10 Things I’ve Learned from Teaching

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I’m linking up with Miss Kindergarten for her 10 Things I’ve Learned from Teaching linky party.  I’m just starting my 7th year of teaching and I can honestly say I’ve learned a million things since leaving college and actually being in the field.

 
1. Patience is probably the most important skill you can learn or have as a teacher.  You’ll need patience with the kiddos, patience with parents, patience with special ed processes, etc.  Patience is a must for any teacher.
 
2. It’s important to laugh and find the fun moments in each and every day. Teaching is a hard profession and it can be easy to get bogged down with all the stressful stuff.  It’s really important that I find funny things in each day, whether it be something funny a kid said or did or a funny story from a co-worker. 
 
3. You will never check everything off your to-do list.  My first year I’d stay at school until 7:00 most nights and was so frustrated because I never got everything done on my to-do list. I’ve since realized no matter how late you stay or how many hours you work, you won’t get everything done.  So, now I give myself a certain time to stay til every day and what doesn’t get finished is first on the todo list for tomorrow.
 
4.  Be on the secretary’s good side.  I was lucky to have an awesome secretary who I became friends with, but secretaries pretty much run the school right behind the principal.  They can help you get supplies, subs, etc.  You definitely want to be on their good side :-).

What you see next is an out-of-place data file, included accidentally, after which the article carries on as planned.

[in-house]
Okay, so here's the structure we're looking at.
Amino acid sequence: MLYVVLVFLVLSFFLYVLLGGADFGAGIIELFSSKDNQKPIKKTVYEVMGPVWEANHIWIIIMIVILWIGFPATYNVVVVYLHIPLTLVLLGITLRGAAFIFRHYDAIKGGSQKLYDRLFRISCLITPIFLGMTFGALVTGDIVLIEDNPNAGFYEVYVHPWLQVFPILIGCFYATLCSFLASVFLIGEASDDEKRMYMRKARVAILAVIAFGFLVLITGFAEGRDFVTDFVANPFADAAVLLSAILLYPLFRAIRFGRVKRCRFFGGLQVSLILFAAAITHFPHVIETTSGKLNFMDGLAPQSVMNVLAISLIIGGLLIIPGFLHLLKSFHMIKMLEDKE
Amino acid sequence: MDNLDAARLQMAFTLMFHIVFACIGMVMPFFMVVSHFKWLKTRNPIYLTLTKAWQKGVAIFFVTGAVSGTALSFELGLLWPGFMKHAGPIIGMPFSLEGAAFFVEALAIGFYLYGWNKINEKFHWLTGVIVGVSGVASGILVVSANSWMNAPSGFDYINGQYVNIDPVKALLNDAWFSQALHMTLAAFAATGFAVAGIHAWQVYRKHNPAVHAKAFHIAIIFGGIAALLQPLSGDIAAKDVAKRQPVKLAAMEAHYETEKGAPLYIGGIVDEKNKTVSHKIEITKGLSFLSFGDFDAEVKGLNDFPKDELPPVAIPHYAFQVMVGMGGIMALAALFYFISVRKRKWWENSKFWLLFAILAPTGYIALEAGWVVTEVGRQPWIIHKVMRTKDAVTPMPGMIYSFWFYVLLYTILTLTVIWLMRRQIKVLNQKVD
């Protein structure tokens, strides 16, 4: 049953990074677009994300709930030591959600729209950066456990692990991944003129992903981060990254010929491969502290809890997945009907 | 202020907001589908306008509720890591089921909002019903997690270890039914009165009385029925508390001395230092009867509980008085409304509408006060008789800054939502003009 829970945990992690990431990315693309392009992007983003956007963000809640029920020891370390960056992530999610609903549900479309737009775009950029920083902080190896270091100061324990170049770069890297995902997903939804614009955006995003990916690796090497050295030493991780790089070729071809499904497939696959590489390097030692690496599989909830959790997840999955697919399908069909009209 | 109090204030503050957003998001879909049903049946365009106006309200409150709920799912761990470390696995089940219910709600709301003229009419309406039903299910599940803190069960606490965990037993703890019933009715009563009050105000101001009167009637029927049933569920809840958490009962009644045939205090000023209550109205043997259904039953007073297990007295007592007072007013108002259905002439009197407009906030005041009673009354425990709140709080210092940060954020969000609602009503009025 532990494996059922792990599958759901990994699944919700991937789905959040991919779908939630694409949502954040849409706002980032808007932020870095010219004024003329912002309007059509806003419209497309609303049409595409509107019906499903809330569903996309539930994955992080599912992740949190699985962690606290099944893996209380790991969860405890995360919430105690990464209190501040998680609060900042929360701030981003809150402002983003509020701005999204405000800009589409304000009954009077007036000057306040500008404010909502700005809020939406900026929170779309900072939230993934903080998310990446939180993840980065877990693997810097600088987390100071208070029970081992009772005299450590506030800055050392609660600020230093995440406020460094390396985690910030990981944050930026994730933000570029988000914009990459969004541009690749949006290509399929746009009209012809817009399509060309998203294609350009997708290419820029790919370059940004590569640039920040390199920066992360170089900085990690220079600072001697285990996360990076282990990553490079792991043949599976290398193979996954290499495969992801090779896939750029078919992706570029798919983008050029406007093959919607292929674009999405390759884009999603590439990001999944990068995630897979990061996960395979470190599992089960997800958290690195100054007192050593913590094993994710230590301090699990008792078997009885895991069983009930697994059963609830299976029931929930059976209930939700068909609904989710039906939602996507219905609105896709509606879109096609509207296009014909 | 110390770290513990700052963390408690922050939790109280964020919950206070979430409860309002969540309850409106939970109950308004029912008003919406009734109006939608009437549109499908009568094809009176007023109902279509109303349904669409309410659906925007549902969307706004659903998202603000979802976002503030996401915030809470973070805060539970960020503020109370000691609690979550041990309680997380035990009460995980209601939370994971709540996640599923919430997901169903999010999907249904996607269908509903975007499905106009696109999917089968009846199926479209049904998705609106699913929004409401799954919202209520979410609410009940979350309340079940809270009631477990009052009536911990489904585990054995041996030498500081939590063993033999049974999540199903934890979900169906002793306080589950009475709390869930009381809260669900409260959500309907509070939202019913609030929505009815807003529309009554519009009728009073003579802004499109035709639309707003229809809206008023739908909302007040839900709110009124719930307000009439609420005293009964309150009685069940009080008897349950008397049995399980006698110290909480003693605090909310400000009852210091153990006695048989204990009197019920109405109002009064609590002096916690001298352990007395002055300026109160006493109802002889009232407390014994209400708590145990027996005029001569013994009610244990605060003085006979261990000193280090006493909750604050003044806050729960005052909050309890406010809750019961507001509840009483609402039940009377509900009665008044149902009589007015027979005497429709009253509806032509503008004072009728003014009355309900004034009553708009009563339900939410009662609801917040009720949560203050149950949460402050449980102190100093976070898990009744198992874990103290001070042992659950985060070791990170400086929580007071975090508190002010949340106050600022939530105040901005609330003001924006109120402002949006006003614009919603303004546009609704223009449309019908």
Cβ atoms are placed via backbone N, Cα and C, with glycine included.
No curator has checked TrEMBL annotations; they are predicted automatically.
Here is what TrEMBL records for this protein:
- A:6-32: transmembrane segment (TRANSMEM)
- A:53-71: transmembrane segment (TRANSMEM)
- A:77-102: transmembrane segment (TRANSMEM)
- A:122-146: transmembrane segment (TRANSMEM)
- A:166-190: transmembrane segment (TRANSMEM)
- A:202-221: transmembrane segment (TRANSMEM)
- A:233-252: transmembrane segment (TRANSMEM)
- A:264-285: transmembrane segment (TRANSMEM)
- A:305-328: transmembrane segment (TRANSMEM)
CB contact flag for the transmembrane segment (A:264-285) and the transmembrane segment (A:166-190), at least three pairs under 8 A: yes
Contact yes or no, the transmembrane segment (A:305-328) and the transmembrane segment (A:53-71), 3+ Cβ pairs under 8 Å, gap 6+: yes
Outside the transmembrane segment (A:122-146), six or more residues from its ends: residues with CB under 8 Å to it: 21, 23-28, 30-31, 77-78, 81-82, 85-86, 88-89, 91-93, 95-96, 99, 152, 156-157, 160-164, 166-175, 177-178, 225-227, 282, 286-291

5.  Be on the janitor’s good side.  You never know when you’ll have a clean-up emergency (puke, bathroom accidents, bugs) and you want that janitor to be there quickly to help you.  They have a tough job and often a thankless job – make sure you show your appreciation and gratitude for them.
 
6.  Not every parent will like you.  This is a tough one for me since I’m a people pleaser and want to be liked by everyone.  Most years I’ve been lucky to have wonderful parents who are supportive and on board.  Every once in while you’ll get a difficult parent who might not be a fan of you, but you have to remember that they are only one parent. 
 
7.  Always remember that it’s all about the kids.  As a teacher your wear many hats and one of the most important is being an advocate for each student in your class.  You need to always stick up for what’s best for each child even if it’s not the popular decision.
 
8.  It’s important to have friends at work.  I can’t tell you how many times I have been so thankful to work with not only people I call terrific teachers and wonderful colleagues, but also amazing friends.  It’s nice to work at a place where you enjoy working, but you also enjoy the people you work with.
 
9.  Sometimes the best lessons and activities are the ones planned on the fly.  Every teacher knows that no matter how much you plan and how much you prepare, improvising happens each and every day.  For me, some of my best lessons and ideas have come out of those moments where an idea hits me in the middle of teaching and I just go with it.
 
10. Teach the standards, but don’t forget about those teachable moments.  Teaching these days isn’t just about teaching the curriculum and standards.  Teachers now are teaching kids how to behave, how to have manners, how to work together, how to cope, and more.  As a teacher, I find it’s important to remember that even though you have the set standards to teach, you still need to give time to those teachable moments that happen each and every day.
 
Thanks for checking out my list! I’m excited to see the rest in the linky party!

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